I asked Hannah Reasoner to write this post for Banned From Baby Showers readers for a couple of reasons. I've known Hannah for a few years now. We've worked together as in a number of capacities. I respect her and love her. Really, she's like a little sister. With her 2nd pregnancy, she developed gestational diabetes. She's one of the healthiest people I know, so her diagnosis shook me up and all that I've taught about this topic over the years. She is a Birth Boot Camp Instructor and I asked her to write for us to talk about the testing and if her opinions have changed since her experience.
Did the joy and excitement of expecting a baby become overwhelming when you began going to your prenatal visits, being inundated with an array of tests and procedures? Many women who are choosing to birth naturally often want a minimally invasive pregnancy as well. Did you know that you have the option of informed refusal and informed consent on all of these routine tests done during your pregnancy? So, what does that even mean?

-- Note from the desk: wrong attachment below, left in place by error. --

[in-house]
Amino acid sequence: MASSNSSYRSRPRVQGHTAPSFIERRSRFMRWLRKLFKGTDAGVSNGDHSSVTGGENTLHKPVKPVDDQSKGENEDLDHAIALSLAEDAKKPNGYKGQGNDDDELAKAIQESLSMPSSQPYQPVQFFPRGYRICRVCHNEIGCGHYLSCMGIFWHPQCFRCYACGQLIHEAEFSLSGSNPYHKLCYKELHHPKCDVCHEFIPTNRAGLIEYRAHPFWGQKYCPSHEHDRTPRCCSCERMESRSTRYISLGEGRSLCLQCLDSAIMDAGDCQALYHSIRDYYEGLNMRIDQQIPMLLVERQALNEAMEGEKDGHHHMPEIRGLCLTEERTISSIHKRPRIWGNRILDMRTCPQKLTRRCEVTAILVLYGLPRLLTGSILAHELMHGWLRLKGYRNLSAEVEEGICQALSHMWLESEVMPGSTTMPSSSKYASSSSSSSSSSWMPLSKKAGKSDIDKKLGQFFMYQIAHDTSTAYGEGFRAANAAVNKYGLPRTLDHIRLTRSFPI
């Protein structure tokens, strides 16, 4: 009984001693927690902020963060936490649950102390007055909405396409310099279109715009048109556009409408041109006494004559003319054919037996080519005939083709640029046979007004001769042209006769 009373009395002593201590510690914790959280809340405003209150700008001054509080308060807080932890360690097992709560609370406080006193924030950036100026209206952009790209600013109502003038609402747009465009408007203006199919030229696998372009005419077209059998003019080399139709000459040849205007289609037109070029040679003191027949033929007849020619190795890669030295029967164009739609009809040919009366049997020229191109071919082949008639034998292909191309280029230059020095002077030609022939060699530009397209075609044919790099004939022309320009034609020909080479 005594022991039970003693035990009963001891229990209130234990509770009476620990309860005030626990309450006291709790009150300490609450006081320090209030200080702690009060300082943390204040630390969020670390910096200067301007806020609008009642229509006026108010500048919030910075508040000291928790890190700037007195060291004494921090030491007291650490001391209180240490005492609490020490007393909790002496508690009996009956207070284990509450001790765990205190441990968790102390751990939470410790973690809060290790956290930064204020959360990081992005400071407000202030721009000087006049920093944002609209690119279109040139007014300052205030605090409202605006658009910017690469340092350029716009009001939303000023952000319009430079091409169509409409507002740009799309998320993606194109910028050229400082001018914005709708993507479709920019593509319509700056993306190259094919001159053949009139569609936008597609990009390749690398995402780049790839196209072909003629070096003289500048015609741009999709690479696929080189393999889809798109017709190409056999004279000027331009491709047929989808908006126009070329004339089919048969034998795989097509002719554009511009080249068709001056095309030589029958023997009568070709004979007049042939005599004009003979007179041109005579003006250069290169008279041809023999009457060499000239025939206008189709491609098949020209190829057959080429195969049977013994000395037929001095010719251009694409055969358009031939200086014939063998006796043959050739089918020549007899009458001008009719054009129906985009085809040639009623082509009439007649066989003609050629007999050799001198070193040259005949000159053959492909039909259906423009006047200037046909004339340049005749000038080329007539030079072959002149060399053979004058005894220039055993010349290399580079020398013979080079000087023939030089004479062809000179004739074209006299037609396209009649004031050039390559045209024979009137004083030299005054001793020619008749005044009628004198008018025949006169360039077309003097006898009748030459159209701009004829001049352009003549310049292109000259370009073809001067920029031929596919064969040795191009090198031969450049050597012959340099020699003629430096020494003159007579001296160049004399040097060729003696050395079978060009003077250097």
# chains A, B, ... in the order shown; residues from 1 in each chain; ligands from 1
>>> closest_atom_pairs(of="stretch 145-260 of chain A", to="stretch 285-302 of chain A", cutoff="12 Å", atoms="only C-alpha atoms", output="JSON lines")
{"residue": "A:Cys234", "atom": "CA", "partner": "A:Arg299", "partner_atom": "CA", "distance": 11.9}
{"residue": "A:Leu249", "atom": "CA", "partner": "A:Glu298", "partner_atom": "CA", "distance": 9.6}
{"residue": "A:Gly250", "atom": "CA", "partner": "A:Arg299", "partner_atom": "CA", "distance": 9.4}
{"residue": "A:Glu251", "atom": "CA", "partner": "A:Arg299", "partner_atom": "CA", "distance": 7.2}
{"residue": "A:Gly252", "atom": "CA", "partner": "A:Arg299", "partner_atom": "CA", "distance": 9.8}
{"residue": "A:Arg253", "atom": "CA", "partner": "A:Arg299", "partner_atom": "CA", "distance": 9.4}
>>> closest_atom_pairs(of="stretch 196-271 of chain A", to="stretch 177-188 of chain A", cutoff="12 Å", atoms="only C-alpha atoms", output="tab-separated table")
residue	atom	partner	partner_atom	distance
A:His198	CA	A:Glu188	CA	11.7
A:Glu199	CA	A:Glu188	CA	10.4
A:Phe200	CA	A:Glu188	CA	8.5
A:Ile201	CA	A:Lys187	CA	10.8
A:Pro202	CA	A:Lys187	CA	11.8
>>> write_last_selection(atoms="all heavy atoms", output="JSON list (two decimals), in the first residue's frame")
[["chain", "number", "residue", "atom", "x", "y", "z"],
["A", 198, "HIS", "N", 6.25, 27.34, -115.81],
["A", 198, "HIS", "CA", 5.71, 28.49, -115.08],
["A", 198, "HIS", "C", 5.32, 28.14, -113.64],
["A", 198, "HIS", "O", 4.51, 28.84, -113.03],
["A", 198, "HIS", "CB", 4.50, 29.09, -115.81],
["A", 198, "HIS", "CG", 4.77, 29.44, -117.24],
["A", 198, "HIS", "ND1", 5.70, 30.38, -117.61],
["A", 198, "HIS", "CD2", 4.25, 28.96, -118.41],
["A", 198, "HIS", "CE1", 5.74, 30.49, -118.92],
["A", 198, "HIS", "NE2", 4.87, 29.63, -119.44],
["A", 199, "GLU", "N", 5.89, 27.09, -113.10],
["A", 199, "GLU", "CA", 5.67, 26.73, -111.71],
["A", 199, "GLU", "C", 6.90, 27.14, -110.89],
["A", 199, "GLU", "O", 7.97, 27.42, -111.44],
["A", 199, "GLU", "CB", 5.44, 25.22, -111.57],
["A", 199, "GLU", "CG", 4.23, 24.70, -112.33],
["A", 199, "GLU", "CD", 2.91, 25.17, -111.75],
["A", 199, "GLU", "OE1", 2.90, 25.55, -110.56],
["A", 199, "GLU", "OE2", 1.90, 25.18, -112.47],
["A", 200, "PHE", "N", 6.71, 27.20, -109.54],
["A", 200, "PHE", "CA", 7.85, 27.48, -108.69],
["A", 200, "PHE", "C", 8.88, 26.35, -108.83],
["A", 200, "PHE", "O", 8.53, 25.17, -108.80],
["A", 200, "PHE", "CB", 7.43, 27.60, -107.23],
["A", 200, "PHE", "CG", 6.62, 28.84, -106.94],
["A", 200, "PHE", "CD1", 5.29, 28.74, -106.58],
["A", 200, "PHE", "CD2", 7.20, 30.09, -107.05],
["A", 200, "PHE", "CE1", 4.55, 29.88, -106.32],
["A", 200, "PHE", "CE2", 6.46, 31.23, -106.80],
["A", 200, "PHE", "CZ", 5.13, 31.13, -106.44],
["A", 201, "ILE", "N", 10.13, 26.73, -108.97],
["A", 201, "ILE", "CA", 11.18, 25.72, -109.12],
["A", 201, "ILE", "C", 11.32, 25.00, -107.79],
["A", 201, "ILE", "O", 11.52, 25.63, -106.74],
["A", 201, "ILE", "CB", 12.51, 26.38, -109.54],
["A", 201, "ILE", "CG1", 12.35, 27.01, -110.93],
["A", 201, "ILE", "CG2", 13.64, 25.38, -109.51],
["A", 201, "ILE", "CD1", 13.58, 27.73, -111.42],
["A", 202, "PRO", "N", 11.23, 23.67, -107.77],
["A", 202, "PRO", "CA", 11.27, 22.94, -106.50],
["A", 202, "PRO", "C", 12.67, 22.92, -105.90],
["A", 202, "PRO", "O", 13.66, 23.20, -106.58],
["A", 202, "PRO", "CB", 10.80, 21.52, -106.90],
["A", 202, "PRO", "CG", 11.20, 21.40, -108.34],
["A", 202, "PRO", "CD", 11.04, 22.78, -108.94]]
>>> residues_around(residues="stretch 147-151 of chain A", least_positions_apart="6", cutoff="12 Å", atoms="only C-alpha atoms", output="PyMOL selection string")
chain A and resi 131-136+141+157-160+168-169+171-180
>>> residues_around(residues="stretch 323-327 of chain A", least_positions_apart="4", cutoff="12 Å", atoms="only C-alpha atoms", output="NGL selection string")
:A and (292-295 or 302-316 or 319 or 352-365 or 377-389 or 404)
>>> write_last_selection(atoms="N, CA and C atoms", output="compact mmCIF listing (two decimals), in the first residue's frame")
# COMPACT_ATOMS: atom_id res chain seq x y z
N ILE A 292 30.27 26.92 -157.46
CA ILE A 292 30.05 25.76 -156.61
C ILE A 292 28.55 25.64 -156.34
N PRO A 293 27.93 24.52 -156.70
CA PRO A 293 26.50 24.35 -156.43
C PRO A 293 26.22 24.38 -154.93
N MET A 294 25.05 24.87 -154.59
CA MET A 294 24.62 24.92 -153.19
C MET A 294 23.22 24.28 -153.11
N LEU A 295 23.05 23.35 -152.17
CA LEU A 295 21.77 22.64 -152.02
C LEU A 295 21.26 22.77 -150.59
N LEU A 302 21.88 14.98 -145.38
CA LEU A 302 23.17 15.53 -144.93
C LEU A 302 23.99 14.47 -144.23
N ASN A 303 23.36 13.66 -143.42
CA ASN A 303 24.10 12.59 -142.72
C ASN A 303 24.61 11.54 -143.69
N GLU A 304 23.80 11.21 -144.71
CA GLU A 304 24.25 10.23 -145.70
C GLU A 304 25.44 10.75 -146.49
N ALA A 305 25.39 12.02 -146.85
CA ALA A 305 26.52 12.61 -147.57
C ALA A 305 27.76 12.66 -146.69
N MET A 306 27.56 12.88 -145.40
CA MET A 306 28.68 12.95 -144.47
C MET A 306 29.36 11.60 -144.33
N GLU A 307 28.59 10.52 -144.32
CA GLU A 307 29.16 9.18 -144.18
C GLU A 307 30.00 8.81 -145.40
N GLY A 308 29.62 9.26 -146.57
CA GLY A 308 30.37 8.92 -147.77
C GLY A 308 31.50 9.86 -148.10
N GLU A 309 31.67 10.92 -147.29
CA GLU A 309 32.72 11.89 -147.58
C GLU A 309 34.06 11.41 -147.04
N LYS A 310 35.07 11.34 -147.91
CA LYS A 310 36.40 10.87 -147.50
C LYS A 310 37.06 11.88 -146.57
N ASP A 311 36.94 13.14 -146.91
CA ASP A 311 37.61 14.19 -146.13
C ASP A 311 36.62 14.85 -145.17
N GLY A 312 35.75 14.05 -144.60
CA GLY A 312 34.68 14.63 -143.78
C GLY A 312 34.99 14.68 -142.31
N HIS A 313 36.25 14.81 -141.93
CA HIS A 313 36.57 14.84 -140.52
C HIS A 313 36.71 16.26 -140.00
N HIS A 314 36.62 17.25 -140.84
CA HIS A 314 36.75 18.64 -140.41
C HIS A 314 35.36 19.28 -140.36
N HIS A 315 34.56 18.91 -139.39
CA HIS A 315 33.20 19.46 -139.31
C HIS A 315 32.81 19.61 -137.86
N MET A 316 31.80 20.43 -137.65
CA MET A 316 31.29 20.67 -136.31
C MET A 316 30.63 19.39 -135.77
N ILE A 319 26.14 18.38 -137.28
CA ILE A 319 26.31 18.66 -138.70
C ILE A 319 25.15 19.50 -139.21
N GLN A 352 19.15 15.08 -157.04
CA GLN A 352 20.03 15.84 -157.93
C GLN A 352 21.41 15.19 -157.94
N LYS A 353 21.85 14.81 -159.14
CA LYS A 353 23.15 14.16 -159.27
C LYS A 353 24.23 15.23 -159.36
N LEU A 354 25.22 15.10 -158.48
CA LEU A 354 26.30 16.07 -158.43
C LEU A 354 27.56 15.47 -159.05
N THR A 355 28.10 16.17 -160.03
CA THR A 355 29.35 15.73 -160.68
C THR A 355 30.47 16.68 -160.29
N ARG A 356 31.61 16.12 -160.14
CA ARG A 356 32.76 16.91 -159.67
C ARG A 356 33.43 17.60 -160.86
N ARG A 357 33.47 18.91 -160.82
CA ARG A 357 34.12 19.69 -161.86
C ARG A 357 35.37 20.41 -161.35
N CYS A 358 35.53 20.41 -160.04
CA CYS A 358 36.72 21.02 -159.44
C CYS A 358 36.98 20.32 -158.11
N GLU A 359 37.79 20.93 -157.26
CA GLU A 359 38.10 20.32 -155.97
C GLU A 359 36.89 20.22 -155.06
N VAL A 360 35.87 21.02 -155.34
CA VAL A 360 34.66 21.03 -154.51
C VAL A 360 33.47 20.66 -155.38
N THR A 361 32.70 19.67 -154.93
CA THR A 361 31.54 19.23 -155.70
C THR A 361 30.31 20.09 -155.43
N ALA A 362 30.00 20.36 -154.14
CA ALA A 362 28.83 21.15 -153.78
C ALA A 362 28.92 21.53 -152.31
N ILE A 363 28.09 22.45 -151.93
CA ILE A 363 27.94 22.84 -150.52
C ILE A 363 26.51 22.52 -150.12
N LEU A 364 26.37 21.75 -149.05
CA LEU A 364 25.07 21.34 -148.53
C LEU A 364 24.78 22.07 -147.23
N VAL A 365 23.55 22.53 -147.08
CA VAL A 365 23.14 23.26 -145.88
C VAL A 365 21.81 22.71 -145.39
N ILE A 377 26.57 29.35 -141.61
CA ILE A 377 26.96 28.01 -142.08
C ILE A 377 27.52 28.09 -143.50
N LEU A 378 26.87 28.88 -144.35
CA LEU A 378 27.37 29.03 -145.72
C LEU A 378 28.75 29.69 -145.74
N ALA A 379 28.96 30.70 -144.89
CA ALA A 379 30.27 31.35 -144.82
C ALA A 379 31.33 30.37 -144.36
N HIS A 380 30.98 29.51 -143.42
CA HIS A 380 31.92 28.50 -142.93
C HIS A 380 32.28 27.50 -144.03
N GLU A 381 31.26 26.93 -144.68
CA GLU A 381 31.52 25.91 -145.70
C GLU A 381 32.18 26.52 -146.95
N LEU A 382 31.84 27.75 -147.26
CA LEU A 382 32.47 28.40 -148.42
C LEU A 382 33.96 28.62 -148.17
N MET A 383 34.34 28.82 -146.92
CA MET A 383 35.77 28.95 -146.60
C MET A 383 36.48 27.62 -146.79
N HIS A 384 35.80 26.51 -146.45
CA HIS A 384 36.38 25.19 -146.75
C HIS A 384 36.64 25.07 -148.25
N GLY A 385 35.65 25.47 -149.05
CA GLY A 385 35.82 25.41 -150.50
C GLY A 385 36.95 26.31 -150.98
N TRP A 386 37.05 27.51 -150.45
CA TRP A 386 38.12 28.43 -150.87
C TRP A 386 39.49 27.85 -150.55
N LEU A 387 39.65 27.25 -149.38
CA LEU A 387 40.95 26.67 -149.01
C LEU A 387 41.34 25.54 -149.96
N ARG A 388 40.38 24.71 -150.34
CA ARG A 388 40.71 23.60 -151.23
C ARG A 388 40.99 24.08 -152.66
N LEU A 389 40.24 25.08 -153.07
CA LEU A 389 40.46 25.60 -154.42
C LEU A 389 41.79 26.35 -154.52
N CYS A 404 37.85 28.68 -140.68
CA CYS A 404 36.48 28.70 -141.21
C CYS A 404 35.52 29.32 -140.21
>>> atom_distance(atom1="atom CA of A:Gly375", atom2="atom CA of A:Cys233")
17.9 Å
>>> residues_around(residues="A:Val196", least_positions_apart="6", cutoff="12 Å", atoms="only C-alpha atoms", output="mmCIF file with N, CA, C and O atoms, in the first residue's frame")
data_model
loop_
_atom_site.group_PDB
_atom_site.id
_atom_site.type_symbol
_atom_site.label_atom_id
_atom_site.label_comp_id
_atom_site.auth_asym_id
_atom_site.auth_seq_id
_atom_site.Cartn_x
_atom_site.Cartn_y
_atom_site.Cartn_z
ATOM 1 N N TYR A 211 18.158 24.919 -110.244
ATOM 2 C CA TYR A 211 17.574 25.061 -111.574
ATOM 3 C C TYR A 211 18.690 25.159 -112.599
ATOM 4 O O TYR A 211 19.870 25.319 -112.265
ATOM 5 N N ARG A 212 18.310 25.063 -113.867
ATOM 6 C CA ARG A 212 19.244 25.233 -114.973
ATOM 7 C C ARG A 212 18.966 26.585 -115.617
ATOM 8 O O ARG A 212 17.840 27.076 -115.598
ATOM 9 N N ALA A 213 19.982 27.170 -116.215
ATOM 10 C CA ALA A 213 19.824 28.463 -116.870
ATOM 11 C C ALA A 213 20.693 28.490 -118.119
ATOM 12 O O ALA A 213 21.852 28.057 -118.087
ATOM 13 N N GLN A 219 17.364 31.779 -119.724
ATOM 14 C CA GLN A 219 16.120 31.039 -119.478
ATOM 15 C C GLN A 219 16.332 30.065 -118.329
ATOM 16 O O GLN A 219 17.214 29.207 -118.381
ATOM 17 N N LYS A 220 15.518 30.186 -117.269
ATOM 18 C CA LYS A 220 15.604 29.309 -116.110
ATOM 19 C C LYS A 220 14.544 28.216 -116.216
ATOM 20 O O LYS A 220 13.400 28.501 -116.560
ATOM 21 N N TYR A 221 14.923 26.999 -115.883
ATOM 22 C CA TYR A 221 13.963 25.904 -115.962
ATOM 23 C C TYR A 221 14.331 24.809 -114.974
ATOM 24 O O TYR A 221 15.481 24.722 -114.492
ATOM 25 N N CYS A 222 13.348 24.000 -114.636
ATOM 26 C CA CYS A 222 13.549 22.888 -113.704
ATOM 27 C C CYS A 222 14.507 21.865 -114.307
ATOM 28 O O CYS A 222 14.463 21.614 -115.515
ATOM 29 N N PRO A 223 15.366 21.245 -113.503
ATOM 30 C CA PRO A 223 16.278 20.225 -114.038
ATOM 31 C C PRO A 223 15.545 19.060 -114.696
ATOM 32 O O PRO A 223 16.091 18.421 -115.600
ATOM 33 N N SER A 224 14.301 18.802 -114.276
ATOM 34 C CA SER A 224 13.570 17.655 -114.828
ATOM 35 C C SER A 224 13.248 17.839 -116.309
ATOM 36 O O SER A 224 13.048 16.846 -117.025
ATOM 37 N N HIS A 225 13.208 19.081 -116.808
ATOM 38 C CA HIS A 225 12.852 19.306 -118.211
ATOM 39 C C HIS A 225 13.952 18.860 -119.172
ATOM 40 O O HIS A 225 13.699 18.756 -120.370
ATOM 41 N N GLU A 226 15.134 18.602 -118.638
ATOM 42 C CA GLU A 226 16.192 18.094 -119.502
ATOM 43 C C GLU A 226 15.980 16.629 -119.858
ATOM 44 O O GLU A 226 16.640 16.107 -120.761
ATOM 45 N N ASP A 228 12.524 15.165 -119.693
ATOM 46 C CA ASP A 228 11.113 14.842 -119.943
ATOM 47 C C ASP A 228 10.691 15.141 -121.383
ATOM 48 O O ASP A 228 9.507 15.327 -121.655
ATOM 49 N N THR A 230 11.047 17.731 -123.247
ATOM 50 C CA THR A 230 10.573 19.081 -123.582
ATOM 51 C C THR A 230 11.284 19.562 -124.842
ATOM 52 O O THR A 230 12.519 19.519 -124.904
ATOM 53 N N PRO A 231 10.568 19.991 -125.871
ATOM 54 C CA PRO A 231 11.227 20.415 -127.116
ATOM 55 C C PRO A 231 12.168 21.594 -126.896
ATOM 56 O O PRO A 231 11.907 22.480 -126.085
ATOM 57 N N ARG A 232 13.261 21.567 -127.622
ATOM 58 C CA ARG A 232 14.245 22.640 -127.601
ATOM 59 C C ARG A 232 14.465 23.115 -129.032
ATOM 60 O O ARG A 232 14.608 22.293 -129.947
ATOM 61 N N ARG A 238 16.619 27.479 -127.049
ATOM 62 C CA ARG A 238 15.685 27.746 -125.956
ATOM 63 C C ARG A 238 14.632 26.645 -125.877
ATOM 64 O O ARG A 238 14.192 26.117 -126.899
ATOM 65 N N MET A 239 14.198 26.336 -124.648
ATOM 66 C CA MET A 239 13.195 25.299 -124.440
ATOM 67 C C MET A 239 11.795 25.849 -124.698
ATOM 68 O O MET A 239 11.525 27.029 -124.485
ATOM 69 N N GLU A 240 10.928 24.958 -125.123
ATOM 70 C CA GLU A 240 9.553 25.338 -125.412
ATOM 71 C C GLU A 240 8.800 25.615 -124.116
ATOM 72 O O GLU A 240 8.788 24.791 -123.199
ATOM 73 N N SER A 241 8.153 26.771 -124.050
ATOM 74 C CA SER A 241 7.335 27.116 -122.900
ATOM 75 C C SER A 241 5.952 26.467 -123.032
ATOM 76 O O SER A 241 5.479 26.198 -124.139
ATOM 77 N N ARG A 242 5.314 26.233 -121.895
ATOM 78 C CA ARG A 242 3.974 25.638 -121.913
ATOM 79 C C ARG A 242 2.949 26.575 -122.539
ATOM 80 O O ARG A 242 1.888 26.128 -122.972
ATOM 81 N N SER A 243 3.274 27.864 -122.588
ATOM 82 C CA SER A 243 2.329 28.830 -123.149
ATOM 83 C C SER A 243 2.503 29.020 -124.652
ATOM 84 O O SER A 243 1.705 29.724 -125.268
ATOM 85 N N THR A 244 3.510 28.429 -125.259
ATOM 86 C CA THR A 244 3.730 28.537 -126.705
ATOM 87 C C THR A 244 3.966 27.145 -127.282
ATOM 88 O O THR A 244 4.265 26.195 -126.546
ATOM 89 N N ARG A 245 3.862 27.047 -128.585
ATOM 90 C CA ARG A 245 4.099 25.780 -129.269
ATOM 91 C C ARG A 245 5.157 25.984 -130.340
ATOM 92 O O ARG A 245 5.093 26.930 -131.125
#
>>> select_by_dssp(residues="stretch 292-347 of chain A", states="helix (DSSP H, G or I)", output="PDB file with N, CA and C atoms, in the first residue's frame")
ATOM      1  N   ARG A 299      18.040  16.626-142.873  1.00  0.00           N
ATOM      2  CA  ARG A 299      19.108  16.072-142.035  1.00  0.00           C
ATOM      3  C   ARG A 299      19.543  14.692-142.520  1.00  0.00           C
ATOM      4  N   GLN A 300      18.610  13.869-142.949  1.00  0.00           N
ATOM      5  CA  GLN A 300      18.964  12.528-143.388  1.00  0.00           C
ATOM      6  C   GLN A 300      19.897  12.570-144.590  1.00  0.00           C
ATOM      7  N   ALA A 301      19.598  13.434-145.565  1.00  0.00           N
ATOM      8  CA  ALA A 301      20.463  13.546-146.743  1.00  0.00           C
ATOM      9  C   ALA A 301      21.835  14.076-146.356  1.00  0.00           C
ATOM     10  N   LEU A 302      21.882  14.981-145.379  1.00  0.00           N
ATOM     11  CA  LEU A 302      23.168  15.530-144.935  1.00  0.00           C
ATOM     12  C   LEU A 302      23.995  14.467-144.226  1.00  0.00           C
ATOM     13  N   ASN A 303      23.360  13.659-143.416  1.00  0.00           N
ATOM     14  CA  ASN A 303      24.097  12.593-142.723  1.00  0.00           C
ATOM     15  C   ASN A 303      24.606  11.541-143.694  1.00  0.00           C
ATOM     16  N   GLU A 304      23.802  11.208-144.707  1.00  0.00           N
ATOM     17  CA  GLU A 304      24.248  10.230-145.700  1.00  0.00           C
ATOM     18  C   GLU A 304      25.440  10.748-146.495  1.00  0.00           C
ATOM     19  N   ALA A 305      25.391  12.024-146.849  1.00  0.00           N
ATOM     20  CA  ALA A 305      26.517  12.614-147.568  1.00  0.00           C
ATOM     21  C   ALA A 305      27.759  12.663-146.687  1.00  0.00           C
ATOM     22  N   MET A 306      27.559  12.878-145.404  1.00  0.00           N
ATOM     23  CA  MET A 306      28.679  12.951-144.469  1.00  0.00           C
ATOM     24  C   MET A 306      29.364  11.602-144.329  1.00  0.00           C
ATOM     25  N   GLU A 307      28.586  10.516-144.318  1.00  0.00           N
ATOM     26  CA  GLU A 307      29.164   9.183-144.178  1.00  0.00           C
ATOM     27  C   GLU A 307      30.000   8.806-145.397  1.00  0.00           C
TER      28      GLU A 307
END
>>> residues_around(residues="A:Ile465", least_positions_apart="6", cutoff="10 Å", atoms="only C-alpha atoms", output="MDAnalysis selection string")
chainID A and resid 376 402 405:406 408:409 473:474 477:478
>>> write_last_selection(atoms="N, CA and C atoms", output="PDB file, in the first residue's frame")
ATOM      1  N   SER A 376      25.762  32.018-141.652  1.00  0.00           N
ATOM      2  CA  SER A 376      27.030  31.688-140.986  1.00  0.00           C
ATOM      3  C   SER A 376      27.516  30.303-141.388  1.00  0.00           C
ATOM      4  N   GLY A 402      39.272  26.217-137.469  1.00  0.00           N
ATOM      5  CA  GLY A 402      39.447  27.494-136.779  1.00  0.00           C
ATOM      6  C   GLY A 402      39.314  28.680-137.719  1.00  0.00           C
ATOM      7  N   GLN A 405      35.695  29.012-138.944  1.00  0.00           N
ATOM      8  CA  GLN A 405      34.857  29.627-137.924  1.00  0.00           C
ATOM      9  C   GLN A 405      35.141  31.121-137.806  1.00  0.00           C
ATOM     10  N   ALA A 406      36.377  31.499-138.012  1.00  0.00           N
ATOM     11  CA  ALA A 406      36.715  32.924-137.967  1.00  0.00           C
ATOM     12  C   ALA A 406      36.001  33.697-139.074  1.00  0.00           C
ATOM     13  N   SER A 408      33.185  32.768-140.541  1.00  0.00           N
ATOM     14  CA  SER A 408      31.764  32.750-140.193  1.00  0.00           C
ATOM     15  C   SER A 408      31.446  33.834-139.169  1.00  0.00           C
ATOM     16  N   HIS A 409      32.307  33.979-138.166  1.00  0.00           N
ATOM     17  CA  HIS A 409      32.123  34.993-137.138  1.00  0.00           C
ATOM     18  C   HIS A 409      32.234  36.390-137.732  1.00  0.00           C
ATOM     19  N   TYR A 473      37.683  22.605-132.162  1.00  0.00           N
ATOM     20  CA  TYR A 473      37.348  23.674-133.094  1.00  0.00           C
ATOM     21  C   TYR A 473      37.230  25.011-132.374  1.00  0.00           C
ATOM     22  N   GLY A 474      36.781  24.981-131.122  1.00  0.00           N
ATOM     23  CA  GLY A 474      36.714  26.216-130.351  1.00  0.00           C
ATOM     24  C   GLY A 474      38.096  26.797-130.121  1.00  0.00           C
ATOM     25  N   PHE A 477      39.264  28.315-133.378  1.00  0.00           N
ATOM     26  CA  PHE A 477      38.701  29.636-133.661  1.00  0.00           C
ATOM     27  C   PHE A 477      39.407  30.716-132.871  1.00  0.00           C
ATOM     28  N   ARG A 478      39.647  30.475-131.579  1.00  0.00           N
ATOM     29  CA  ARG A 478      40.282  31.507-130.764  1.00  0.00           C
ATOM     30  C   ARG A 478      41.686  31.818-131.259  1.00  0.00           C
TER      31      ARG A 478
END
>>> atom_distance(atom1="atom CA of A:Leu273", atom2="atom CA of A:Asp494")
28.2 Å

Informed consent or denial means you are opting in or out of a certain procedure and that you have read and understand all of the risks involved. You will sign forms verifying your healthcare decision. Understanding each and every test that will be administered during your pregnancy is very important. This may involve asking your care provider to go over the consent forms for each test at an early stage in your pregnancy. You should be allowed to take these forms home with you and review them with your partner, research the test and make a very informed decision. This will keep you from feeling rushed and surprised when the time comes for a particular test. A few questions to ask your care provider about standard testing and procedures are: Why is this test done? What does the test involve? How often do you see false negative or positive readings for that particular procedure? Is this necessary for the health and well-being of mother and baby? If I opt out now, can I choose to do the test at a later date? Until I was pregnant with my second baby, I really didn’t thoroughly understand some of the routine testing, such as the Glucose Tolerance Test (GTT) for example. The GTT is typically administered between 24-28 weeks and does not give you a diagnosis of gestational diabetes. It is specifically designed to identify women who may have a problem and need more testing to find out. So, a positive result doesn't mean that you have gestational diabetes. In fact, only about a third of women who test positive on the glucose screen actually have the condition. With both of my pregnancies, I knew I wanted little to no testing unless absolutely necessary. As I was approaching the 24 weeks of pregnancy, my midwife became concerned with the amount of weight I had been gaining in a short, 4 week time frame. She was willing to work with me to opt out of the GTT test, and allowed me to monitor my blood sugars with a blood glucose monitor. Although this wasn’t considered their standard protocol of testing, I was able to get a more accurate account of what my fasting blood sugars were, as well as my one hour and two hours readings after each meal. And, while I had none of the other risk factors of a diabetic, including, sugar in my urine, a family history of diabetes, or being overweight, I was ultimately diagnosed with gestational diabetes at 32 weeks. I was thankful for the option to take a more accurate account of my blood sugar readings throughout my pregnancy with a blood glucose monitor. The licensed midwife and certified nurse midwife that I was working with were both very accommodating in that regard. I believe it is very important to have a care provider that is willing to take the time to review the risks and benefits of all the testing involved during pregnancy and is agreeable to provide alternatives at his or her clients’ and patients’ request. It’s your pregnancy and your birth. Know your options!